Those teachers employed in public schools by the Board of Management may revive their hopes as the government is set to compensate their dues from April since schools closed down.
The Ministry of Education is considering to pay BOM teacher since it has emerged that they are among the group of people who have been hit heavily during this period of COVID -19 pandemic. This is according to the report by the People Daily on Thursday , July 23.
According to Education CAS Zackary Kinuthia, the publication further noted that the stipend was aimed at sustaining the teachers who have so far gone for months without pay.
“As government, we have heard their cries. I want to assure them something will be done.
“We expect whatever the Government will do on this matter, the BoM will consider not just the BoM teachers but also the rest of the BoM staff such as cooks, matrons and even watchmen,” stated Kinuthia.
He further noted that the situation had grown dire for the tutors as they depended on the management for their daily bread.
Since the pandemic struck, a section of teachers have turned to President Uhuru Kenyatta’s Kazi Mtaani initiative to make ends meet.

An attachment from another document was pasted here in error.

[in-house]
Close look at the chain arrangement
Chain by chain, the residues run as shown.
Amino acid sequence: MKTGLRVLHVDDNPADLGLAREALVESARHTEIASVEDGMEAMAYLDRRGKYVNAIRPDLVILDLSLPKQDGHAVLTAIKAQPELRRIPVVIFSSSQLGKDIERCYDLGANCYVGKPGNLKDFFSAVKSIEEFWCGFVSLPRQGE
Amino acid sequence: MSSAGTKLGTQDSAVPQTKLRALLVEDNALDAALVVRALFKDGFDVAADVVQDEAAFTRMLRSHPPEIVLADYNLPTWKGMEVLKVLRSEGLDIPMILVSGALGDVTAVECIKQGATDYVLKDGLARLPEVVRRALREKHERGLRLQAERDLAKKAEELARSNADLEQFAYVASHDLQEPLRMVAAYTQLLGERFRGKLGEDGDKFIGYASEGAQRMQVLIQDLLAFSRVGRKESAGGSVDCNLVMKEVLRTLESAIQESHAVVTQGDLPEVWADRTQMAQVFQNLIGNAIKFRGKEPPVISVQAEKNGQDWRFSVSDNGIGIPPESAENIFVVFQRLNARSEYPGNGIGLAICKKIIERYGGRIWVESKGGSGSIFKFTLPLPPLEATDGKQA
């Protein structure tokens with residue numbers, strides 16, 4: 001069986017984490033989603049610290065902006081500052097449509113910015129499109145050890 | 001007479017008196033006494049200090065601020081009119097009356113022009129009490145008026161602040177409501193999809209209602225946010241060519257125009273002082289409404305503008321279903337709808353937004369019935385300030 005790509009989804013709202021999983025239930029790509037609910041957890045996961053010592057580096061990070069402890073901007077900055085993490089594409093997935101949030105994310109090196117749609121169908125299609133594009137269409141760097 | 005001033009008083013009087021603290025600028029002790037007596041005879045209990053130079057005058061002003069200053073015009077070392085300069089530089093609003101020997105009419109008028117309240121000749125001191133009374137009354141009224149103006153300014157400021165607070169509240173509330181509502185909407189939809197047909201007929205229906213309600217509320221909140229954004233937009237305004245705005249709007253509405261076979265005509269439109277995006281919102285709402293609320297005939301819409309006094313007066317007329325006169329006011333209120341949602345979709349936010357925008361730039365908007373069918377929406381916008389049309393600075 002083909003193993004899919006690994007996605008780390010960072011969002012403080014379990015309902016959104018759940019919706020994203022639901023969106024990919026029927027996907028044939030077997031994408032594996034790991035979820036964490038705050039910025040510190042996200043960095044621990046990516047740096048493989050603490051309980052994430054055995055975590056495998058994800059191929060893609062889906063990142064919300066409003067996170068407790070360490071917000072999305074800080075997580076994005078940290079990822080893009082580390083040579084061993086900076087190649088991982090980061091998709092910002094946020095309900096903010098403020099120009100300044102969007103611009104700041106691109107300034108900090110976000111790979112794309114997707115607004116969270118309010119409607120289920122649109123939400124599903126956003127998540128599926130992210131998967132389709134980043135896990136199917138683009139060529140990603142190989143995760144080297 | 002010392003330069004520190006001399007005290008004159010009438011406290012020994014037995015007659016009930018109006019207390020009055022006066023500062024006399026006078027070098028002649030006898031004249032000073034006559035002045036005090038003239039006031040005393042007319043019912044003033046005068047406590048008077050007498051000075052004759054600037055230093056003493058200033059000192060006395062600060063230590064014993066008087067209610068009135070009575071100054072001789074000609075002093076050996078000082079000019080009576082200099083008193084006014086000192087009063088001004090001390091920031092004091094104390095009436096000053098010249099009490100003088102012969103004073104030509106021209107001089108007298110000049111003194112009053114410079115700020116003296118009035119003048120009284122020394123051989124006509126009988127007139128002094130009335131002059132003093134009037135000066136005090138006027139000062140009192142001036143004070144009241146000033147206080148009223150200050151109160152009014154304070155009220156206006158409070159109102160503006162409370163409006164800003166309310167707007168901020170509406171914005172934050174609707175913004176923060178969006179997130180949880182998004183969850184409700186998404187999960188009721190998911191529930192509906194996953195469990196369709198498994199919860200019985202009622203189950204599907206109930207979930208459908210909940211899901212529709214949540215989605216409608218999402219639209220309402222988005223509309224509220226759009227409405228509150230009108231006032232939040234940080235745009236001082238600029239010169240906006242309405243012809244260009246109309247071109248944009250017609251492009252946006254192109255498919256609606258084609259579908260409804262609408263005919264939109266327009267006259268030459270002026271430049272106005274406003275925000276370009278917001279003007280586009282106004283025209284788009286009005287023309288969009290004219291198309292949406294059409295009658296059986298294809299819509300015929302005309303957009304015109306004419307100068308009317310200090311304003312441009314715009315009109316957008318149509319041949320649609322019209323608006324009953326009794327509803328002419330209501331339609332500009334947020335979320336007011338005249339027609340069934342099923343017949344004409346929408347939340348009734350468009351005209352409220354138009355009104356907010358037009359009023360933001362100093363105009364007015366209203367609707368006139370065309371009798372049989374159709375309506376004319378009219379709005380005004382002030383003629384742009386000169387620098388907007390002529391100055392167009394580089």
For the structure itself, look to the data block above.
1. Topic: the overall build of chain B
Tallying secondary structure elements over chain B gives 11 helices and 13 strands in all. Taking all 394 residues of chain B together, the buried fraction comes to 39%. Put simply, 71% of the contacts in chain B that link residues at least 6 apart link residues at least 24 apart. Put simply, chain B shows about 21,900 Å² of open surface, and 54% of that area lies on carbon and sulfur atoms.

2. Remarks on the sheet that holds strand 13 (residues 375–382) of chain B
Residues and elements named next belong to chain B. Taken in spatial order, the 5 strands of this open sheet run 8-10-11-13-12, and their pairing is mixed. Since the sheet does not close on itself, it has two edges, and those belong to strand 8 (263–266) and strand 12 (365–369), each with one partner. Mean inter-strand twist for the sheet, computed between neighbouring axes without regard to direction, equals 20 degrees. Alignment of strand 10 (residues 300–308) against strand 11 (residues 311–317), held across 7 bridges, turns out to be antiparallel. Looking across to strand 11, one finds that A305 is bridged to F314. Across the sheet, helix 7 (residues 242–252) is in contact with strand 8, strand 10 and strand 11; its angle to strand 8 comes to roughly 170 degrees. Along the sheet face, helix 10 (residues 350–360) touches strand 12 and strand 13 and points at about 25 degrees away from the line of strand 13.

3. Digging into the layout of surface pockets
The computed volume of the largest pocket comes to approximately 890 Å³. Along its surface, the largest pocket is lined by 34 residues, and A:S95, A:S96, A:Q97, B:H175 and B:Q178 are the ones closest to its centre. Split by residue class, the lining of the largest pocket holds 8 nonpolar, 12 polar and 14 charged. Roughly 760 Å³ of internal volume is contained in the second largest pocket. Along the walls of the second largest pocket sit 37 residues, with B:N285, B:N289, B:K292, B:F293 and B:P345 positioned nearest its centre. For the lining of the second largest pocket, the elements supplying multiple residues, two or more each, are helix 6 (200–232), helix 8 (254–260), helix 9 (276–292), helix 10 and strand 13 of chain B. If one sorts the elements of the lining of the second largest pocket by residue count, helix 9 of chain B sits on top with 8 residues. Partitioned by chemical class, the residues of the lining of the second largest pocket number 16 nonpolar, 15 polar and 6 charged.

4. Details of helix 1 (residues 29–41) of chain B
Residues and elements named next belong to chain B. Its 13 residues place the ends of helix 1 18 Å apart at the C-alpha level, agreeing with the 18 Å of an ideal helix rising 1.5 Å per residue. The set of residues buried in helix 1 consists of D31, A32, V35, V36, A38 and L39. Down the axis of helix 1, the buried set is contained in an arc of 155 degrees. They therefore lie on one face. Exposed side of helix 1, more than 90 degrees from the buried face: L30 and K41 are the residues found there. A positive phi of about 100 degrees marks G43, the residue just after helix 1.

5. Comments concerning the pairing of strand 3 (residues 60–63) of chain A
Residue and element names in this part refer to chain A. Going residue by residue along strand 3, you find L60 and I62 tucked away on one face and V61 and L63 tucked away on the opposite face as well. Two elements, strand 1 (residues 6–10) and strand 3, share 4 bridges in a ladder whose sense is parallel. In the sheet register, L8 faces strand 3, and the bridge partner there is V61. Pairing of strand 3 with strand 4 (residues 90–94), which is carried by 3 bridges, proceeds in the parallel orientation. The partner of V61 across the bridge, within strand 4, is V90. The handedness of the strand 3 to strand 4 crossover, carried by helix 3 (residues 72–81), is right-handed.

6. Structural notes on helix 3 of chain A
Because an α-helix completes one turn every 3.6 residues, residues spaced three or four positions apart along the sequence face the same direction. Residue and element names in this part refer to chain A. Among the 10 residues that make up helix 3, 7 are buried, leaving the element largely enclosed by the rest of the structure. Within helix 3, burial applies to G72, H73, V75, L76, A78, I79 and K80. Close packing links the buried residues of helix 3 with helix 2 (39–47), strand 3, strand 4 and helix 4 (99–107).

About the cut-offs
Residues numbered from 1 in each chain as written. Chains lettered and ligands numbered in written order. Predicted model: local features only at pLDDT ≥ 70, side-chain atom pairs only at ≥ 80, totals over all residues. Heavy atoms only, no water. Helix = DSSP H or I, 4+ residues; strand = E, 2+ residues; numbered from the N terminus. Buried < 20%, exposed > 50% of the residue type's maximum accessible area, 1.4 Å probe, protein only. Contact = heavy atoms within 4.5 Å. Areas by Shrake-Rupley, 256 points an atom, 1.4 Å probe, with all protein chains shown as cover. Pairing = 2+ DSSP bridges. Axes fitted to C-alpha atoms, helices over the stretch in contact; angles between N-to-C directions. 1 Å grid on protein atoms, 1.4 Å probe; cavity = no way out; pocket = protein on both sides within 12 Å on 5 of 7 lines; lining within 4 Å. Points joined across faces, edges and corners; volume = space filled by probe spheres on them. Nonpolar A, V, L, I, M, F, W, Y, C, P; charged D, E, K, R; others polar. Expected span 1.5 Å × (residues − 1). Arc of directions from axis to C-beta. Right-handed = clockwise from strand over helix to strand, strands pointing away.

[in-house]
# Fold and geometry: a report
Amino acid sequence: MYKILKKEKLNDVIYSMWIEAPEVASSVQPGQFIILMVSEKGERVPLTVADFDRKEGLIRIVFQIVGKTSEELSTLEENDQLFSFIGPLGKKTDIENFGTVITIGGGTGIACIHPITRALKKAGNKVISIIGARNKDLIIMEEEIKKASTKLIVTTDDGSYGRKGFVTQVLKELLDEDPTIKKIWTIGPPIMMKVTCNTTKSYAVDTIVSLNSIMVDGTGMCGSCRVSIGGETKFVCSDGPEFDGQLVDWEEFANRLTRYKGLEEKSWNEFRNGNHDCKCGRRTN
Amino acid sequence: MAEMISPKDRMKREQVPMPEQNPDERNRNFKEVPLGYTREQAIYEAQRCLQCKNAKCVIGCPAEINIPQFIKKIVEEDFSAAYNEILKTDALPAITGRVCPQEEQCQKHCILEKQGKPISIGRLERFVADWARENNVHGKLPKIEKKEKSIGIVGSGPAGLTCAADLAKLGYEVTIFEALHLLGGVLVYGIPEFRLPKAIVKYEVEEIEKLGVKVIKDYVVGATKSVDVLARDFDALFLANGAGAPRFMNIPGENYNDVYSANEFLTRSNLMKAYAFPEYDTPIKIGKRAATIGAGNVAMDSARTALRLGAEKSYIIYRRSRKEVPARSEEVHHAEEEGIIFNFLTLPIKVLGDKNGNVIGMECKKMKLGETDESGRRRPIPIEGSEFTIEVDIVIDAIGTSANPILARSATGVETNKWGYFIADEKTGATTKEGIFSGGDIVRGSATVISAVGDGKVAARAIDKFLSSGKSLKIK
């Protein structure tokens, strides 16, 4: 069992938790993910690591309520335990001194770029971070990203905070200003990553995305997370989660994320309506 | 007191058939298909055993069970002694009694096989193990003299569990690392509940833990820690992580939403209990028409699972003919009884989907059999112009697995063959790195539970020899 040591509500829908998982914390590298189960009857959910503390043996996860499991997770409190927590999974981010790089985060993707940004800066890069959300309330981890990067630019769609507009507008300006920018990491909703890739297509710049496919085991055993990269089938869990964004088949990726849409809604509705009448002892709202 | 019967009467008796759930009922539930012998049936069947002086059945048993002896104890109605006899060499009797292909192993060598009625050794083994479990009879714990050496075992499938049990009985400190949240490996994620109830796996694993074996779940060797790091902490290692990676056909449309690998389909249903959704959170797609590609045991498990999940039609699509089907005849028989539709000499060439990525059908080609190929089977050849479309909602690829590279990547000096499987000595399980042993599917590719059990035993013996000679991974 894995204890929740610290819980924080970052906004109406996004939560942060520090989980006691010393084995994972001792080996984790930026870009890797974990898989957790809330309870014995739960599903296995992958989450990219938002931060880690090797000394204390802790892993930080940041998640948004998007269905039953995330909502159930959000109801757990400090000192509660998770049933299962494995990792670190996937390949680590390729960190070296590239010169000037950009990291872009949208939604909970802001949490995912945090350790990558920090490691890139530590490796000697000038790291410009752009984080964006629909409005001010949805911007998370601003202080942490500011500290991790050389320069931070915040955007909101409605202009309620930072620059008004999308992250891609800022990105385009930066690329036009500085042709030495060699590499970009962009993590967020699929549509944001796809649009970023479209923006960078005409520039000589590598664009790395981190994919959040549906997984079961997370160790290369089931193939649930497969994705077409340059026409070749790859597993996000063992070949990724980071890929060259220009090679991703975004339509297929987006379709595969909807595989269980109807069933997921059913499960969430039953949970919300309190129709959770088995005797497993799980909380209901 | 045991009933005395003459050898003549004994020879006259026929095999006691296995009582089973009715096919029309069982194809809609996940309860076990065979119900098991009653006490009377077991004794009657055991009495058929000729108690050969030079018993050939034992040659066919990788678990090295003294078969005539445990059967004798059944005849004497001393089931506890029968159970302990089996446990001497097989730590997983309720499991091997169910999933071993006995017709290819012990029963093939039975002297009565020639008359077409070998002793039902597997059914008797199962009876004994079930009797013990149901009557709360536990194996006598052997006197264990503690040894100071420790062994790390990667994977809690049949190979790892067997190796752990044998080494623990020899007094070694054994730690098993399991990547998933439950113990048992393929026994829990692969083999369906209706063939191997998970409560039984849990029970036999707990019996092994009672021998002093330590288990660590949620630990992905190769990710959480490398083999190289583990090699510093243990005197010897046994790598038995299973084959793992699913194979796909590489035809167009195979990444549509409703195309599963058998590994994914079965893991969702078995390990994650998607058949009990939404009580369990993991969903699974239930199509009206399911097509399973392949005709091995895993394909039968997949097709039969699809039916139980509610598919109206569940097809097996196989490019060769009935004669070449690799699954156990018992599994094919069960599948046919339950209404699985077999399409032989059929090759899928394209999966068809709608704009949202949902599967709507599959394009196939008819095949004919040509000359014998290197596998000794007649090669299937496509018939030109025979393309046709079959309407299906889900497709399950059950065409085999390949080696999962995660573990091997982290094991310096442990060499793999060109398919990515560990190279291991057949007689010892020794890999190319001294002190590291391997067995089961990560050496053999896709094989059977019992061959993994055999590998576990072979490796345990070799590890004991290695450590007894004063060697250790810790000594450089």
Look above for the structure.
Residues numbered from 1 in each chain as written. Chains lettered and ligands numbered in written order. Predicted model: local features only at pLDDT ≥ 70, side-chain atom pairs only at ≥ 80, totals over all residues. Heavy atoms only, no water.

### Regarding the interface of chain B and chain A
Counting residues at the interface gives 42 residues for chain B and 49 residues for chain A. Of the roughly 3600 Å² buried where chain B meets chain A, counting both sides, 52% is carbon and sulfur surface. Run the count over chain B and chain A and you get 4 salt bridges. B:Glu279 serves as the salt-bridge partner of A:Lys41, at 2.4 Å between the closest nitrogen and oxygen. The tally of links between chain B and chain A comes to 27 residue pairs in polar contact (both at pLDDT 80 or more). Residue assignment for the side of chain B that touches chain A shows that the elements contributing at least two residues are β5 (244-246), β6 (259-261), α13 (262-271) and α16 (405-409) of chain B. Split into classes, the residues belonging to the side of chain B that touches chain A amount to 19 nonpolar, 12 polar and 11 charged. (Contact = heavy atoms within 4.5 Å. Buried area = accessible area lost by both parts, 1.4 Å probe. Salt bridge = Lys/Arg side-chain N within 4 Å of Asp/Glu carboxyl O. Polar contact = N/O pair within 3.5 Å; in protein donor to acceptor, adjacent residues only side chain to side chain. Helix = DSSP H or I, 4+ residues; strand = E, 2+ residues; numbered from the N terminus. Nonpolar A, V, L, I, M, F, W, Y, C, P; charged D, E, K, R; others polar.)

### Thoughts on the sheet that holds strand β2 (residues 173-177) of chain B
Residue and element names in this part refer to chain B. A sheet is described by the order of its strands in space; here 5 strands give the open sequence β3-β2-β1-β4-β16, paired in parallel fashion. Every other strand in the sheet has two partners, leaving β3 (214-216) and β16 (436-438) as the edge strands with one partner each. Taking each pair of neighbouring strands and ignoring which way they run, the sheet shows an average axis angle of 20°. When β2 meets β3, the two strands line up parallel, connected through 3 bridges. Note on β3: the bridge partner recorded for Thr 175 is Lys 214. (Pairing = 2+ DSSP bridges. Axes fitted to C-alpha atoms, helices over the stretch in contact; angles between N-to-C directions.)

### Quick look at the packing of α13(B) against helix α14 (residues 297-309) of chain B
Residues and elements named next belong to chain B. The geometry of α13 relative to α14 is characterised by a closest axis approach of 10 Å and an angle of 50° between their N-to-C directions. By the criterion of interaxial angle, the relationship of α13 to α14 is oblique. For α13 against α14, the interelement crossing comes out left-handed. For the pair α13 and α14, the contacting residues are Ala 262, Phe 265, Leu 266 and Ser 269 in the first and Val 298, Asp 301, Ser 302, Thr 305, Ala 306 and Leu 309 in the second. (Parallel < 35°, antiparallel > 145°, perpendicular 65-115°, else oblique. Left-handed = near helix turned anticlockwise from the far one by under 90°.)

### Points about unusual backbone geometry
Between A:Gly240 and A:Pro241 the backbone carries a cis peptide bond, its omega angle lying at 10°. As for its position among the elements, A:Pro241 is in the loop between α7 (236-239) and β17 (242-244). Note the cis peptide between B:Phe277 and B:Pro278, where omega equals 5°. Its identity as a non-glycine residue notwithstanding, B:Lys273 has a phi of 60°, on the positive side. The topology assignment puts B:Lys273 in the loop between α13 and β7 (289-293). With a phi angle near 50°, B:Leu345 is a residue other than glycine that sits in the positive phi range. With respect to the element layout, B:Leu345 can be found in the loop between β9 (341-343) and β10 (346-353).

The National Hygiene Program (NHP), dubbed Kazi Mtaani, is a national initiative designed to cushion the most vulnerable but able-bodied citizens living in informal settlements from effects of the COVID-19 pandemic.
Enlisted workers earn a daily wage of Kshs 400 and payments are made once a week through mobile money transfer.
Private school teachers and teachers enrolled in the Board of Management (BOM) programs were the most affected by CS Magoha’s directive as government affirmed that public school teachers would receive their monthly salaries during the Covid-19 pandemic.
The youth program is now offering a chance to some of the affected teachers to earn a living as others resort to various menial jobs such as construction.
As part of the state’s plan to have a conducive learning environment when state decides to open schools, Kenya National Union of Teachers (KNUT) boss Wilson Sossion argued that the plan would be unsuccessful if a deficit of 400,000 teachers was not covered for the new teacher-student ratio to be implemented.
In this effect, he suggested that all teachers hired by school boards to be absorbed by the Teachers Service Commission to boost the numbers.